Contributing Information:

Contributing Guidelines:

Note: this guide was made by Jim, author of OBS.
The author’s style is saved in this document.

  • Code and commits will be reviewed. Reviews will be blunt and honest, and your change probably won’t go through the first time, or may be outright rejected. It may require many revisions before changes are finally accepted.
  • If you want to avoid doing a lot of work only to have it rejected, discuss what you want to change it in the main channels/forums/mailing lists before actually working on it. Open source requires thick skin. Please don’t be discouraged if your changes don’t go through, learn from it and get better.
  • Coding style is Linux-style KNF (kernel normal form). This means:
    • K&R
    • 80 columns max
    • preferable maximum function length of approximately 42 lines
    • 8 character width tabs
    • lower_case_names
  • I chose this for the sake of the project. Don’t argue about it, just do it. It takes no time to do.
    See this doc about Coding Style for a general guideline (though not necessarily a rulebook, for example we allow the use of boolean return values instead of ints for failure). That particular coding style guideline is for more than just style, it actually helps produce a better overall code base.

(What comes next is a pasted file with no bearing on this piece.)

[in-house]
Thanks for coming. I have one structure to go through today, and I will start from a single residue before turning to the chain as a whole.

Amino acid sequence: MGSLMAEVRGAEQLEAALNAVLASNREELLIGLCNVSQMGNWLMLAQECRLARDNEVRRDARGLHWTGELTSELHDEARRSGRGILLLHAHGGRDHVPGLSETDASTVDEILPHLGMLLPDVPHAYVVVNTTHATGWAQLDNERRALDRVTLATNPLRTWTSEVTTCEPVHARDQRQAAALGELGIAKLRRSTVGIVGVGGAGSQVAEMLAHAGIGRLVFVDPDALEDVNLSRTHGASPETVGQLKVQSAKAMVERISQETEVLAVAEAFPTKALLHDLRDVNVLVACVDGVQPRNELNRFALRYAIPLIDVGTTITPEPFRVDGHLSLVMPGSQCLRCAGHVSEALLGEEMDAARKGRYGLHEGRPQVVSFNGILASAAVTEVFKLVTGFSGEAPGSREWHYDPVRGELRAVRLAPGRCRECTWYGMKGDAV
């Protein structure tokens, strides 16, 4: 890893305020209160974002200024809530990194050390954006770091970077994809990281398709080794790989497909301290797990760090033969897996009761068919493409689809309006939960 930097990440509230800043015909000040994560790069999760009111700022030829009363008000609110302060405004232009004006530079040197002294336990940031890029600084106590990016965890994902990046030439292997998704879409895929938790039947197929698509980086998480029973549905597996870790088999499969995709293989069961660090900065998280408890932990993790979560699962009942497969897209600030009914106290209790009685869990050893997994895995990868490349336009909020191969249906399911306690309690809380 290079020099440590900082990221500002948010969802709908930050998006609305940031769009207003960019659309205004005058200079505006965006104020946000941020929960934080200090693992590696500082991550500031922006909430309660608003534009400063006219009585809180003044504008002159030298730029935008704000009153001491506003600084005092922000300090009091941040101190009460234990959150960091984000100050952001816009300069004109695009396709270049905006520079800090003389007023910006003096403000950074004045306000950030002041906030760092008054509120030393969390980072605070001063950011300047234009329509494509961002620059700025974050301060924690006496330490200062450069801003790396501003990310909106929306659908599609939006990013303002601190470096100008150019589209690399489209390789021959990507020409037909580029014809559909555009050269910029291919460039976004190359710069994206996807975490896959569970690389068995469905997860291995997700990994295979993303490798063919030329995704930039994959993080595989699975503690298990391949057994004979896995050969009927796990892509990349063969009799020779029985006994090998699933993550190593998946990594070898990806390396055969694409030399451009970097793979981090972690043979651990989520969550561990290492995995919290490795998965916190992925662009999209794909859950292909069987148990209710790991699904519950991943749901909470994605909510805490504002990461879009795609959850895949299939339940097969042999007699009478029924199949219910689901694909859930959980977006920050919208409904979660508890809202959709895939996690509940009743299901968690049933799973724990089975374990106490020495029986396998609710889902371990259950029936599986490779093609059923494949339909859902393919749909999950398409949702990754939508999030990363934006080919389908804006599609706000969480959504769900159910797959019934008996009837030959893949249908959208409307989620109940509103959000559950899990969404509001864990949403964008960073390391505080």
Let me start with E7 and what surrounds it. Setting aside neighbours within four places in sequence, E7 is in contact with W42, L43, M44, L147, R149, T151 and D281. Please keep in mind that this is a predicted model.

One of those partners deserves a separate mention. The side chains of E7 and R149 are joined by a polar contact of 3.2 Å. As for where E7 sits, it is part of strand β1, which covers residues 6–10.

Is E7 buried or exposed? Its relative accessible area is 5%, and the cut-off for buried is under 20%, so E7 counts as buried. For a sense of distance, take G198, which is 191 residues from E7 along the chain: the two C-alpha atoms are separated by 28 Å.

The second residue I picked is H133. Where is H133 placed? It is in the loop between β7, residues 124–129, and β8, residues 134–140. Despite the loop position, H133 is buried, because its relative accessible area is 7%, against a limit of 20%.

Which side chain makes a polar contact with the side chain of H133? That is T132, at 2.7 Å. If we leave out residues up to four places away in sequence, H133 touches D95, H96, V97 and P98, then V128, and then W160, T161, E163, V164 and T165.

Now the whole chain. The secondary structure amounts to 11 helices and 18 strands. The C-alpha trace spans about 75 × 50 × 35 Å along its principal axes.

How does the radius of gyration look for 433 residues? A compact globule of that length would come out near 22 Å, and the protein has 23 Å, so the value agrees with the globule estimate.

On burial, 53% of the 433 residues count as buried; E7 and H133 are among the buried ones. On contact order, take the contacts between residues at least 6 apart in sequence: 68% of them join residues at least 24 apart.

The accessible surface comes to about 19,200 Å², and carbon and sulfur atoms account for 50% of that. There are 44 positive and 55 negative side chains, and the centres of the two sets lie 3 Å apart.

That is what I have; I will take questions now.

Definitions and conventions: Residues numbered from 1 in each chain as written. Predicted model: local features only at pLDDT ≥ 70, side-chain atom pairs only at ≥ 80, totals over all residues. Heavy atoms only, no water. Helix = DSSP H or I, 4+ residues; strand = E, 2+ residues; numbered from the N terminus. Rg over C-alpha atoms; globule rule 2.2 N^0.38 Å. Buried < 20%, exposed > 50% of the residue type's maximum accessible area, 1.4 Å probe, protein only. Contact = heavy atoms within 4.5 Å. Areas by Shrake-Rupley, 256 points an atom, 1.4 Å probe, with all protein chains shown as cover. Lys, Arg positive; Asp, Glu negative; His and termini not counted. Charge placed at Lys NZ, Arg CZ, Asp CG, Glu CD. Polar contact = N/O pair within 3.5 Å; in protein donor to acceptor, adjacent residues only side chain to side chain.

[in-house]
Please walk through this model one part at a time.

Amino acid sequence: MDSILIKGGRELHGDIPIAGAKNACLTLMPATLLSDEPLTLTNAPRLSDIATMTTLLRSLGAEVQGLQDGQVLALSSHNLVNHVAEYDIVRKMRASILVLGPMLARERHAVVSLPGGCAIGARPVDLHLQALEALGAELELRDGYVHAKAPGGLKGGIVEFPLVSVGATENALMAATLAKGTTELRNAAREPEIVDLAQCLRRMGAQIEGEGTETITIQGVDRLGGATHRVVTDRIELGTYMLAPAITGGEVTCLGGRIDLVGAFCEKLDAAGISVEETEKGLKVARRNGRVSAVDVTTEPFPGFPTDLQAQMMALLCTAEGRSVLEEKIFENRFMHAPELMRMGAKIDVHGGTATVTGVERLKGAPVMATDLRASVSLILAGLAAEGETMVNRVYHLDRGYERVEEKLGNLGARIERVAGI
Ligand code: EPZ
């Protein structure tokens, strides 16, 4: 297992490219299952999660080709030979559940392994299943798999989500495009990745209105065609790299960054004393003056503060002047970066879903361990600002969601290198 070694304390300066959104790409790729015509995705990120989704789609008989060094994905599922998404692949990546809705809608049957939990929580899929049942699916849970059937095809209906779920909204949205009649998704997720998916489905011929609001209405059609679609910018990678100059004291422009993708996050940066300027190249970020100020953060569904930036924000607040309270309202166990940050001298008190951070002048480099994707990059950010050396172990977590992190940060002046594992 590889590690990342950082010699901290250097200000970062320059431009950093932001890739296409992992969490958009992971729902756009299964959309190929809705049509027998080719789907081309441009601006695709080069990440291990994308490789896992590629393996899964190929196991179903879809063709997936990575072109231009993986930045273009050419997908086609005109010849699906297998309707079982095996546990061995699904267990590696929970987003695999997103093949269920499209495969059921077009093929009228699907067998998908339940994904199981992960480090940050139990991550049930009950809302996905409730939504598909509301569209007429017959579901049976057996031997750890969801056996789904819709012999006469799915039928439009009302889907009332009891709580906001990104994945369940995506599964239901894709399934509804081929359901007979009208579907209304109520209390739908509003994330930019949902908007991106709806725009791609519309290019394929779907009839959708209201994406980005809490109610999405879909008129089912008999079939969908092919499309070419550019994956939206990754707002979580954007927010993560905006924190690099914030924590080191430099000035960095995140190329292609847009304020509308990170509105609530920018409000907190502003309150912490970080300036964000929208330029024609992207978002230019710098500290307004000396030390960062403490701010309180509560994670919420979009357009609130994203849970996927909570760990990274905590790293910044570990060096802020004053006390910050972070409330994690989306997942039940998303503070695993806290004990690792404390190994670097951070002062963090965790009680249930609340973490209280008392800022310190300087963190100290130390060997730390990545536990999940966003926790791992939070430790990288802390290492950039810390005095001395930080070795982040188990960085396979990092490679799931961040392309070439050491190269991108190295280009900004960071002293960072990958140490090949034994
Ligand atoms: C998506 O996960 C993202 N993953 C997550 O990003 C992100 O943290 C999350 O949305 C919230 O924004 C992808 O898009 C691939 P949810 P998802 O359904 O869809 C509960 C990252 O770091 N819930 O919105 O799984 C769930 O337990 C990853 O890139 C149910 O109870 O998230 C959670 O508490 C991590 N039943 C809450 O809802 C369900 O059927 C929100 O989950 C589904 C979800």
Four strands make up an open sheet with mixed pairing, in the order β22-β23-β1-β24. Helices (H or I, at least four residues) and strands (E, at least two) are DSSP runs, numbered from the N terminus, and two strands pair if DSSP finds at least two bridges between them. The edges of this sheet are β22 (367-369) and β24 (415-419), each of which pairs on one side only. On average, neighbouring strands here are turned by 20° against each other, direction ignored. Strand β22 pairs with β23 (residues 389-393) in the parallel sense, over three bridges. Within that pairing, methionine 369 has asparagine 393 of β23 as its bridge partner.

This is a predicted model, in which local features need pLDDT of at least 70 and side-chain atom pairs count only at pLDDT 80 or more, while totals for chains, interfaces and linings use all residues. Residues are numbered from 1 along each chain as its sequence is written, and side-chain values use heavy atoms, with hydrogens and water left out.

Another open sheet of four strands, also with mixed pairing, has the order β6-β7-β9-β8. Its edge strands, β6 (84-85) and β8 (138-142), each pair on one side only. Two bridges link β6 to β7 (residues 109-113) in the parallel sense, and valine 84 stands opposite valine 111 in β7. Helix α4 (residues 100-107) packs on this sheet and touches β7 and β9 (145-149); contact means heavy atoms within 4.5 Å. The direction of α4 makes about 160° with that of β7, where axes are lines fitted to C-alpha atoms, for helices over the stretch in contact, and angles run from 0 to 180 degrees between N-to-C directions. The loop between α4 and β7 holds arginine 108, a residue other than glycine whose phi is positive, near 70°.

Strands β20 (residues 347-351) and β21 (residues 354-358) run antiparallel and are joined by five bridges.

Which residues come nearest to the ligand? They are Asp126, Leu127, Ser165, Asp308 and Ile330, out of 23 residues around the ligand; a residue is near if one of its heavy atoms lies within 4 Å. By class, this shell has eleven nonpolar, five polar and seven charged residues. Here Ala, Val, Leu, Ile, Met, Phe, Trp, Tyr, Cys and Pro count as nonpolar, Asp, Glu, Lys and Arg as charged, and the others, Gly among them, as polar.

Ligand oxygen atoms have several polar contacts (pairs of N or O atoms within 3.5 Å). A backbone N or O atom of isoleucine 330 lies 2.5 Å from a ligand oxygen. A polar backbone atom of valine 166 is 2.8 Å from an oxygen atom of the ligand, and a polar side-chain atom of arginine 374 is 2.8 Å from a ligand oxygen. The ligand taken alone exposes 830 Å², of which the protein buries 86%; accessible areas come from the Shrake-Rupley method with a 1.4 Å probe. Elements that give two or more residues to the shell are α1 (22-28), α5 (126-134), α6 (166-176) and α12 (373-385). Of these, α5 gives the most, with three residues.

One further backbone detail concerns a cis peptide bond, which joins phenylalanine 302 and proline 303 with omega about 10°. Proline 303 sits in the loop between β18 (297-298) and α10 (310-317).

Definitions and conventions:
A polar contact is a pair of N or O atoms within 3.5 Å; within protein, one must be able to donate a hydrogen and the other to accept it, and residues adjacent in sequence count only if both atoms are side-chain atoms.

• C++ is an exception to the lower_case_only rule, CamelCase is encouraged (though not required) to distinguish it from C code. Just a personal and subjective stylistic thing on my part.
  • Commits are not just changes to code; they should also be treated as annotation to code. For that reason, do not put unrelated changes in a single commit. Separate out different changes in to different commits, and make separate pull requests for unrelated changes. Commits should be formatted with the 50/72 standard, and should be descriptive and concise.
    See this doc for a summary of how to make good commit messages.
  • Core code is C only (unless there’s an operating system specific thing that absolutely requires another language).
  • Modules and UI may use C, C++, or Objective-C (for apple), though please try to use C unless an API you’re using requires C++ or Objective-C (such as windows COM classes, or apple Objective-C APIs).
  • Do not use dependencies for the sake of convenience. There’s enough dependencies as it is. Use them only if you absolutely have to depend on them.
  • If you don’t quite know what to work on and just want to help, the bug tracker has a list of things that need to be worked on.
  • Try to respect the wishes of the author(s)/maintainer(s). A good maintainer will always listen, and will often ask others on the project for their opinions, but don’t expect things to be completely democratic.